Project: Building a cheap NAS, part 1

Filed Under (Storage, VMWare ESXi 4, Windows Networking) by Just An Admin on 14-04-2011

A NAS storage is no longer a luxury for the big companies that are able to spend 5-6 figures. For the last few years NAS storage has become a common product even to be found in small offices and home environments. Most of these products perform pretty good out-of-the-box and do exactly what they where designed to do; Store data and make it accessible through different protocols.

But….. i am looking for more. Most 4 to 6 drive solutions do not offer me the Terra-bytes needed to store my data. I need more and I’m not willing to pay an arm and a leg to get it. So I decided to build my own hardware setup and use FreeNAS to build our own NAS storage.

I’m going to build this unit on borrowed knowledge and good common sense.  There are some pretty decent sources of information on the web, like the FreeNAS community or different public community forums. And a lot of DiY NAS builders that have paved the way.

Our goal

Create a NAS Storage that meets the following requirement:

– must be able to hold 16-20 disks, SATA2 and/or SAS and 2TB per disk. Initial requirement is 10 disks of 2TB.
– must be hot-swappable hardware and redundant disk setup/file system
– must be able to perform in a business environment (multiple servers, users) using iSCSI, AFP and SMB/SAMBA/CIFS
– must be supported in a VMware ESXi or Microsoft Hyper-V Server environment
– must be a 19 inch chassis
– must be under 2000 euro (not including taxes and shipment). We need to watch the cash….
– must be hardware compatible with FreeNAS 7.3/8.0 (RC4 at time of writing)
– at least two PCI-E 8x or PCI-E 16x slots to support future expansions (controller or LAN)

And we have a wish list too:

– support for webdav or a means to publish user home folders to outdoor and home workplaces or mobile devices
– support for redundant power supply
– if possible, three PCI-E 8x or PCI-E 16x slots to support future expansions (controller or LAN)
– Two or more NIC’s that support Teaming or Link aggregation
– Onboard USB connector to hold the USB memory stick with the FreeNAS Operating System

As we do not know what to expect performance wise, we did not set a goal regarding speed. But it is clear we are aiming for the best possible. A little study into the experience of other FreeNAS users learns that 40-50MByte per second is a good first aim.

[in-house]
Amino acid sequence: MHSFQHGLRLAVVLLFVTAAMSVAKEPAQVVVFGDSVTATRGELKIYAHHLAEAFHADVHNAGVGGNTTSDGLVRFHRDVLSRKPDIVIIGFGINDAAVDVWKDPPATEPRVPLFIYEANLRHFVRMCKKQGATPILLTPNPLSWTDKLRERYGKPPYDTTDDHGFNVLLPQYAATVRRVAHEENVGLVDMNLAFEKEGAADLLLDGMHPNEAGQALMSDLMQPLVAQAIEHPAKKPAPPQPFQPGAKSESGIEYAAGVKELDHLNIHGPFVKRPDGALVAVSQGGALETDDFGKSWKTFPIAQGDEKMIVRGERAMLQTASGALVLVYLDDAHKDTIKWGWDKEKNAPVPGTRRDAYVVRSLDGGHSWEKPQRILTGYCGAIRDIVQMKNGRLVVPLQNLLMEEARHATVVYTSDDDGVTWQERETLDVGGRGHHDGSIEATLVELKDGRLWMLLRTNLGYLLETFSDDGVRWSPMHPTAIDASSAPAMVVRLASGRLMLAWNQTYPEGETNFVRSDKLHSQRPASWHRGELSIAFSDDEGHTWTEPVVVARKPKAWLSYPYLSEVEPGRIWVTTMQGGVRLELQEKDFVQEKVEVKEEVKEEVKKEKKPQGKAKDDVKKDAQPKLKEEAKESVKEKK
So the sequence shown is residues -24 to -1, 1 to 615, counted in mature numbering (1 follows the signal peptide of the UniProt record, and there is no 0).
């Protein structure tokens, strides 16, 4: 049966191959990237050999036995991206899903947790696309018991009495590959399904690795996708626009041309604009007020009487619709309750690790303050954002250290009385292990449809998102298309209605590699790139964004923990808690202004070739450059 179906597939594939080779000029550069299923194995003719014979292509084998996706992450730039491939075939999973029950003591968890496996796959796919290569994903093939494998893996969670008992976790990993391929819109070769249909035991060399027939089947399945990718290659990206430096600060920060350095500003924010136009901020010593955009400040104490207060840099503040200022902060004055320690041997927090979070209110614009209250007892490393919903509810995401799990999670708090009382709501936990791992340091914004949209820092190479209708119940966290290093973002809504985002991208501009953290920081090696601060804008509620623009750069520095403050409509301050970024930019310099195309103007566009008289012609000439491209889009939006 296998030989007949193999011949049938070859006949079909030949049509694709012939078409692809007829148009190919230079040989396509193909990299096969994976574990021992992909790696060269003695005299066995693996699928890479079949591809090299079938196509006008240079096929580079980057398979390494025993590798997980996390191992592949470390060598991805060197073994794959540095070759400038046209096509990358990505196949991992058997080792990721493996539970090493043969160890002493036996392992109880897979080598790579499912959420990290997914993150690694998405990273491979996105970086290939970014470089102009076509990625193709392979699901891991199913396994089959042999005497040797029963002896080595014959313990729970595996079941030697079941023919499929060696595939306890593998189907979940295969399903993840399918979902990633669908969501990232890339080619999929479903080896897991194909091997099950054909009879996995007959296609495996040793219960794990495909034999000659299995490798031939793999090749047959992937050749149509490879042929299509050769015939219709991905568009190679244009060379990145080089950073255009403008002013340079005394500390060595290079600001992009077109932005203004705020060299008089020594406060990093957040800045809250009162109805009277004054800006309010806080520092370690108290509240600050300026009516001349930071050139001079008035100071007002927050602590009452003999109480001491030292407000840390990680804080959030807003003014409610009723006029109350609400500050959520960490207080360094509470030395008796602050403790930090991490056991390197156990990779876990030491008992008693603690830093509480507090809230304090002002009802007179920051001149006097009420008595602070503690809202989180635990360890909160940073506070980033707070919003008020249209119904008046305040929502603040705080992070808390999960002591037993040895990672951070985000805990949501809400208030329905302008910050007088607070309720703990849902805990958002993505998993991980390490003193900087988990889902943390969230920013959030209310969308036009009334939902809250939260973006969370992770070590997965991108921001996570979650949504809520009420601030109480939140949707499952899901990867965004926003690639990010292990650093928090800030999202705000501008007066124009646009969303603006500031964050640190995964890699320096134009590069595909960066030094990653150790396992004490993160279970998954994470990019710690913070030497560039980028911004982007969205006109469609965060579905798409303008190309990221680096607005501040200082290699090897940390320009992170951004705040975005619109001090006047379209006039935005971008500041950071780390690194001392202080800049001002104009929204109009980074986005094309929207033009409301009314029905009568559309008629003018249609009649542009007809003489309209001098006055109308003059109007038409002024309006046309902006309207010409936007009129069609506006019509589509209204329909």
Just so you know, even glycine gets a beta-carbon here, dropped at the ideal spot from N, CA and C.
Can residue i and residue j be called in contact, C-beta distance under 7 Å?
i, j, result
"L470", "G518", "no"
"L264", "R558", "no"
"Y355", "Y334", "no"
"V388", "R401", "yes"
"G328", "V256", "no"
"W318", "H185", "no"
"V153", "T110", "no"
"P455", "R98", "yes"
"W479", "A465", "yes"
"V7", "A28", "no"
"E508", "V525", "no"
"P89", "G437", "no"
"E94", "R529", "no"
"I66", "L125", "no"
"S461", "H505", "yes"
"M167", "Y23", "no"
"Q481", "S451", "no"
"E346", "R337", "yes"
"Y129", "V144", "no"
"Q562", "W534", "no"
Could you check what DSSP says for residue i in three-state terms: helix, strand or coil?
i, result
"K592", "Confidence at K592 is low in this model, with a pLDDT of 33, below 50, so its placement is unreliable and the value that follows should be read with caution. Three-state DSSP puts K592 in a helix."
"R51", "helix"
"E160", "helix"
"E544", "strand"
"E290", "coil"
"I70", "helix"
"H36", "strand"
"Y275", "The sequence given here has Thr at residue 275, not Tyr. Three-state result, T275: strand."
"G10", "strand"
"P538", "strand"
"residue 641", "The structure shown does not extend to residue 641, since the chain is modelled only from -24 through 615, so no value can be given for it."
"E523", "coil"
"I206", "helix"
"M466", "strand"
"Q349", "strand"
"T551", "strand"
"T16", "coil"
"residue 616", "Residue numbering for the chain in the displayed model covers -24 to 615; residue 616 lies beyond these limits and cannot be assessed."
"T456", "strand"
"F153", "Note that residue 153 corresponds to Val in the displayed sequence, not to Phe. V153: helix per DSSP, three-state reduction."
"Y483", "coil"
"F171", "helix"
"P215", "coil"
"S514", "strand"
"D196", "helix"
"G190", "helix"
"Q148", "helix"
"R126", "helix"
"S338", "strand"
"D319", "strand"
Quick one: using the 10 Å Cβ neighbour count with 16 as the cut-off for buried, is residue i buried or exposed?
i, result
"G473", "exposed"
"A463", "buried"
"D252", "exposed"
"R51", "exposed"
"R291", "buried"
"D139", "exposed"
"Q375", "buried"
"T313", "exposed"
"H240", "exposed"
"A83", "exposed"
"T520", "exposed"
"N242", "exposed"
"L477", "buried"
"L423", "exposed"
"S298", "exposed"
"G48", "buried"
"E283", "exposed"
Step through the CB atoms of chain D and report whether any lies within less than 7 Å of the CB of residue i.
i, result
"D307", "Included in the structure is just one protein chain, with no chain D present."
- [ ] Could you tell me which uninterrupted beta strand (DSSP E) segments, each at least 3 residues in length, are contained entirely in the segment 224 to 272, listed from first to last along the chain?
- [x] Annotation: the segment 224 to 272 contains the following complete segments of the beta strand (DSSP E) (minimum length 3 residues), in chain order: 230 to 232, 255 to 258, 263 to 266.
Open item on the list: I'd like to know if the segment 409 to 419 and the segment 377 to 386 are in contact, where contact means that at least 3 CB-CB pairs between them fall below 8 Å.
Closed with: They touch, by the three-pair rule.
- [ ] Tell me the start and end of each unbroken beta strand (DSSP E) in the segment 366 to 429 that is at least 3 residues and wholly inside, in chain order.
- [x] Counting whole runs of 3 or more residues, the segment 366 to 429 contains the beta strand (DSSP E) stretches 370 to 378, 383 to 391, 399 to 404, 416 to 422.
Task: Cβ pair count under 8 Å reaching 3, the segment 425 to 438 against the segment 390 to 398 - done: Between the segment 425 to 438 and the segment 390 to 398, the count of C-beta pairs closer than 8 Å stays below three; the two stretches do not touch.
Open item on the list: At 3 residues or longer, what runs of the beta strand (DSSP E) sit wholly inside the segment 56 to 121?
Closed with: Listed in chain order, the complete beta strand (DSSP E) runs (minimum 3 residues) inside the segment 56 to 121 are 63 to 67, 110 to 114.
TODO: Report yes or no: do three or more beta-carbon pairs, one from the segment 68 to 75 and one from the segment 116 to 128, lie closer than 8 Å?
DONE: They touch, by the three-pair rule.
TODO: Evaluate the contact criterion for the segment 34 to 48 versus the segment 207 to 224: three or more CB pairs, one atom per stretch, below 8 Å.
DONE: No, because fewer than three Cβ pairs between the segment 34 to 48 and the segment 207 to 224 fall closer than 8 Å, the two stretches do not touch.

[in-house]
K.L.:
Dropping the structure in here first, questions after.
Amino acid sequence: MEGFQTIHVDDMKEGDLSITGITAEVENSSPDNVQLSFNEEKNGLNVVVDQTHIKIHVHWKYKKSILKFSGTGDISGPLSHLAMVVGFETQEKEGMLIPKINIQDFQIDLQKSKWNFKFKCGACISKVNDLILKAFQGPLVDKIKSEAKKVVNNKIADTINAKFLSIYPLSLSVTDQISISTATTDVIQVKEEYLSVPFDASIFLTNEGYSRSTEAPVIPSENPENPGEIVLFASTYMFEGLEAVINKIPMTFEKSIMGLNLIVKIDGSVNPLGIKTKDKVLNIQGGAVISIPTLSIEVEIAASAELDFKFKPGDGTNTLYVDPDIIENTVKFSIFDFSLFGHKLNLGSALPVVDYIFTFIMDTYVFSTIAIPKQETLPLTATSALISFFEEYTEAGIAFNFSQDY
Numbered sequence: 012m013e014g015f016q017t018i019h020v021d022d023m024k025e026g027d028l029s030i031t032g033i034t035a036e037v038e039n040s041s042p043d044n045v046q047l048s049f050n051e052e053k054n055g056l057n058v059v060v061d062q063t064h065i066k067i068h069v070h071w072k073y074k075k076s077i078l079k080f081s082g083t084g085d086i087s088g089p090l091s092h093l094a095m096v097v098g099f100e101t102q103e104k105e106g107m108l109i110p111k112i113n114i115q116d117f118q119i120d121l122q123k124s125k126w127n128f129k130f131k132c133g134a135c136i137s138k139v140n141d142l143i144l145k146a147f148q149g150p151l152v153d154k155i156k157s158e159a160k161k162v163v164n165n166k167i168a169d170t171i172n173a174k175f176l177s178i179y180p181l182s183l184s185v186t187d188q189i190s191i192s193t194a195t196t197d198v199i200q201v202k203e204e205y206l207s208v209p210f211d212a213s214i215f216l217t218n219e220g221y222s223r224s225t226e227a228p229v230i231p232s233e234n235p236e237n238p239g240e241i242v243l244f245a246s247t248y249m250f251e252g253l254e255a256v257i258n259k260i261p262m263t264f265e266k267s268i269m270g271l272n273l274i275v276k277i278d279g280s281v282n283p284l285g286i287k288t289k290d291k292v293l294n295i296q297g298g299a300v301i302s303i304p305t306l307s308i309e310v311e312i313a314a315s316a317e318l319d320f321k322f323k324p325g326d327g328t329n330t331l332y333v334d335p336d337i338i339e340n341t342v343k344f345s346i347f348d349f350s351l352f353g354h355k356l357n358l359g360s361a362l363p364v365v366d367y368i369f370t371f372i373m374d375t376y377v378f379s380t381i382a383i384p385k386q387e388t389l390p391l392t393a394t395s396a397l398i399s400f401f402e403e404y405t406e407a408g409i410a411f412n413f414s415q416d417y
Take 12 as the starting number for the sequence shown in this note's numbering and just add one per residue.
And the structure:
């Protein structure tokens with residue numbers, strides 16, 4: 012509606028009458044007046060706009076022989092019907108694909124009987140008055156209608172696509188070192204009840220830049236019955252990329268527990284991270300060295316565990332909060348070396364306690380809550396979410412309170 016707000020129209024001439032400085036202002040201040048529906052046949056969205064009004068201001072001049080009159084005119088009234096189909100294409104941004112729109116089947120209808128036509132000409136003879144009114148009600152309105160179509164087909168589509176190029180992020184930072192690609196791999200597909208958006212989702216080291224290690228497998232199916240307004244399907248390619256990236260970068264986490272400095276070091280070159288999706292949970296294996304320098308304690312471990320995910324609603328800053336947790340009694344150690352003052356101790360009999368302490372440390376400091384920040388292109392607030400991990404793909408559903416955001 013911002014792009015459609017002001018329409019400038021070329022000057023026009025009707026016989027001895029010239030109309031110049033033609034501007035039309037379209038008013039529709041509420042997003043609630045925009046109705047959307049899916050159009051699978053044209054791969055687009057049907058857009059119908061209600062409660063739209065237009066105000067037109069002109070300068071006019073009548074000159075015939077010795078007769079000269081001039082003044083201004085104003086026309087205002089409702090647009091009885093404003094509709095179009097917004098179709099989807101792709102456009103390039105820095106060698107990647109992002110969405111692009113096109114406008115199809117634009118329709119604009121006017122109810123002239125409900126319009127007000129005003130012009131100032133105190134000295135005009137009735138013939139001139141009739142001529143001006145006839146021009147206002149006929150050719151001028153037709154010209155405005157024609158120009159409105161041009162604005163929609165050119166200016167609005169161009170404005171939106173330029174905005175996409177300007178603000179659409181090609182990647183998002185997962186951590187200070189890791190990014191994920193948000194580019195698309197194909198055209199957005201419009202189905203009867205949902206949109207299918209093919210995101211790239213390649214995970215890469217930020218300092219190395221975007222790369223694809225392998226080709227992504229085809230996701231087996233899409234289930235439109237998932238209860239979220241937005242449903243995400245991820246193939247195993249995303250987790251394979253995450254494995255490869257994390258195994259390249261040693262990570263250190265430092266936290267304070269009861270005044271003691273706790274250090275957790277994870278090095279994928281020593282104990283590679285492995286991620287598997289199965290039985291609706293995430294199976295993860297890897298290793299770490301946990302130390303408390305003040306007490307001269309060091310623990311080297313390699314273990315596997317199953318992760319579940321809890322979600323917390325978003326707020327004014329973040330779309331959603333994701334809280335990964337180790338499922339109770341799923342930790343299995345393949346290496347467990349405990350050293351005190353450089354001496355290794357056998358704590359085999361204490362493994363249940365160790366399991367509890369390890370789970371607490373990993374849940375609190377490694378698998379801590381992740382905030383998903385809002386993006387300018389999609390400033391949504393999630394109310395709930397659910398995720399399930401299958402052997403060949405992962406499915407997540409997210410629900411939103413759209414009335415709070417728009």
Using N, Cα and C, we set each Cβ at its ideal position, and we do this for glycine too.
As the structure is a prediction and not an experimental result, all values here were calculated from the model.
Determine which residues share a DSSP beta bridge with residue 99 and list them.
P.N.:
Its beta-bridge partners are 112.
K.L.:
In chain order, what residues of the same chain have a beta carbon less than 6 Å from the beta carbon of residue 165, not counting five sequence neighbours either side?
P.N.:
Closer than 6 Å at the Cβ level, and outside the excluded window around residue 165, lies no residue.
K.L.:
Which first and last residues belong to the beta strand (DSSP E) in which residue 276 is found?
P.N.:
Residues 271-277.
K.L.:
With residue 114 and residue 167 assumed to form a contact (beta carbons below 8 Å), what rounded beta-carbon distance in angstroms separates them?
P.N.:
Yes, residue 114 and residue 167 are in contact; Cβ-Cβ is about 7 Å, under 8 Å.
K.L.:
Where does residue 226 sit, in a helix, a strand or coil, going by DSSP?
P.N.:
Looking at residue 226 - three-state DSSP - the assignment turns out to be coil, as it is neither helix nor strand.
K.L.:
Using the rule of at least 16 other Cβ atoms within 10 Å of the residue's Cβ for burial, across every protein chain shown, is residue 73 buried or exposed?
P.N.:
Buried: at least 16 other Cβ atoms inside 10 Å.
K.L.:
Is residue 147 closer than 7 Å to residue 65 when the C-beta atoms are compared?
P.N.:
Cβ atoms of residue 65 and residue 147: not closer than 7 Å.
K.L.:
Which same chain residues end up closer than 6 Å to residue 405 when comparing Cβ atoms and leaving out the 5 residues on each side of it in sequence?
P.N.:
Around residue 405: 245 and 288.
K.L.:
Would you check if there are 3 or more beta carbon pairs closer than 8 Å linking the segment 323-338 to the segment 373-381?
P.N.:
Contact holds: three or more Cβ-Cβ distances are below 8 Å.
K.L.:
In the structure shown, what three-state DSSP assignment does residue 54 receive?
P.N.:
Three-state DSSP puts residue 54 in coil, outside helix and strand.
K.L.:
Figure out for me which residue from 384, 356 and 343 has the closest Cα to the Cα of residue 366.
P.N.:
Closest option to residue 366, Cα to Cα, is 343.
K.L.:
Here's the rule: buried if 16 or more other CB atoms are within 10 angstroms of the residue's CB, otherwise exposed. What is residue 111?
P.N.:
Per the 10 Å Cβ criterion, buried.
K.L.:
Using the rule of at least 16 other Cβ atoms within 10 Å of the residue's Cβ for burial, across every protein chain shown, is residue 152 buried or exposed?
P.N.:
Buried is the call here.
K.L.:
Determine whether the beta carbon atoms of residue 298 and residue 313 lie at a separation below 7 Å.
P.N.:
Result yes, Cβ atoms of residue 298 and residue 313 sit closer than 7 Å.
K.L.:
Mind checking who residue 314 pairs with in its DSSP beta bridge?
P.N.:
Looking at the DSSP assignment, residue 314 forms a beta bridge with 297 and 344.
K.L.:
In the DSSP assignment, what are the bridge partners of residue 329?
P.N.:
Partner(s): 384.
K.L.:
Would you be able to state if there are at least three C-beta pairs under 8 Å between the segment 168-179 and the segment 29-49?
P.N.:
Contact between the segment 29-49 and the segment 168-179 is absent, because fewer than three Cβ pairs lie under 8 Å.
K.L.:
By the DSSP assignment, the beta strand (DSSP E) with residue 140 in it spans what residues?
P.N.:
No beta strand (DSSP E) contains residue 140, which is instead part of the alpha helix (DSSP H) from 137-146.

Part 1: The casing

There are several vendors that offer casings or chassis to support 16 to 20 drives in a 19 inch, like Norco, SuperMicro or Chenbro.

We would like to limit the size to a 4U chassis. We decided to go for the Norco RPC-4220 with 20 separate hot-swap 3.5Inch SAS/SATA drive bays. This chassis has 5 internal SFF-8087 Mini SAS backplane connectors, each supporting 4 drives. The backplanes are horizontally mounted for better ventilation. Besides the 20 hot-swap bays there is also room to house 1x slim CD-ROM player (hot-swappable) and two 2.5″ drive brackets. This chassis also supports redundant power supply.
Besides a 20 disk model, there is a little brother that can hold 16 hot-swappable drives and a bigger model that can house 24 hot-swappable drives. This last chassis would require the support of 16 port SATA/SAS controllers making our project very expensive, as three 8-ports controllers would fill up all the slots on many motherboard, leaving no room for future expansions.

There is also room for an optional 120mm Fan Wall Bracket. This allows for better air flow through our case. Since we are not using any ‘ High Temperature’ parts and as this unit will be placed in a conditioned server room, we did not purchase this upgrade.

The 20-bay chassis will cost us 345 euro, but still requires a power supply and the necessary cabling to connect the disk backplanes to a motherboard or controller. We bought this unit directly from the European Distributor of Norco (

To be continued!

Note: While browsing for experiences from other users using this chassis, i came across this useful post: It explains the use of the air vents in the disk trays to direct air through used bays and stop airflow through unused trays; a feature that may be easily overlooked as the unit comes without manual.

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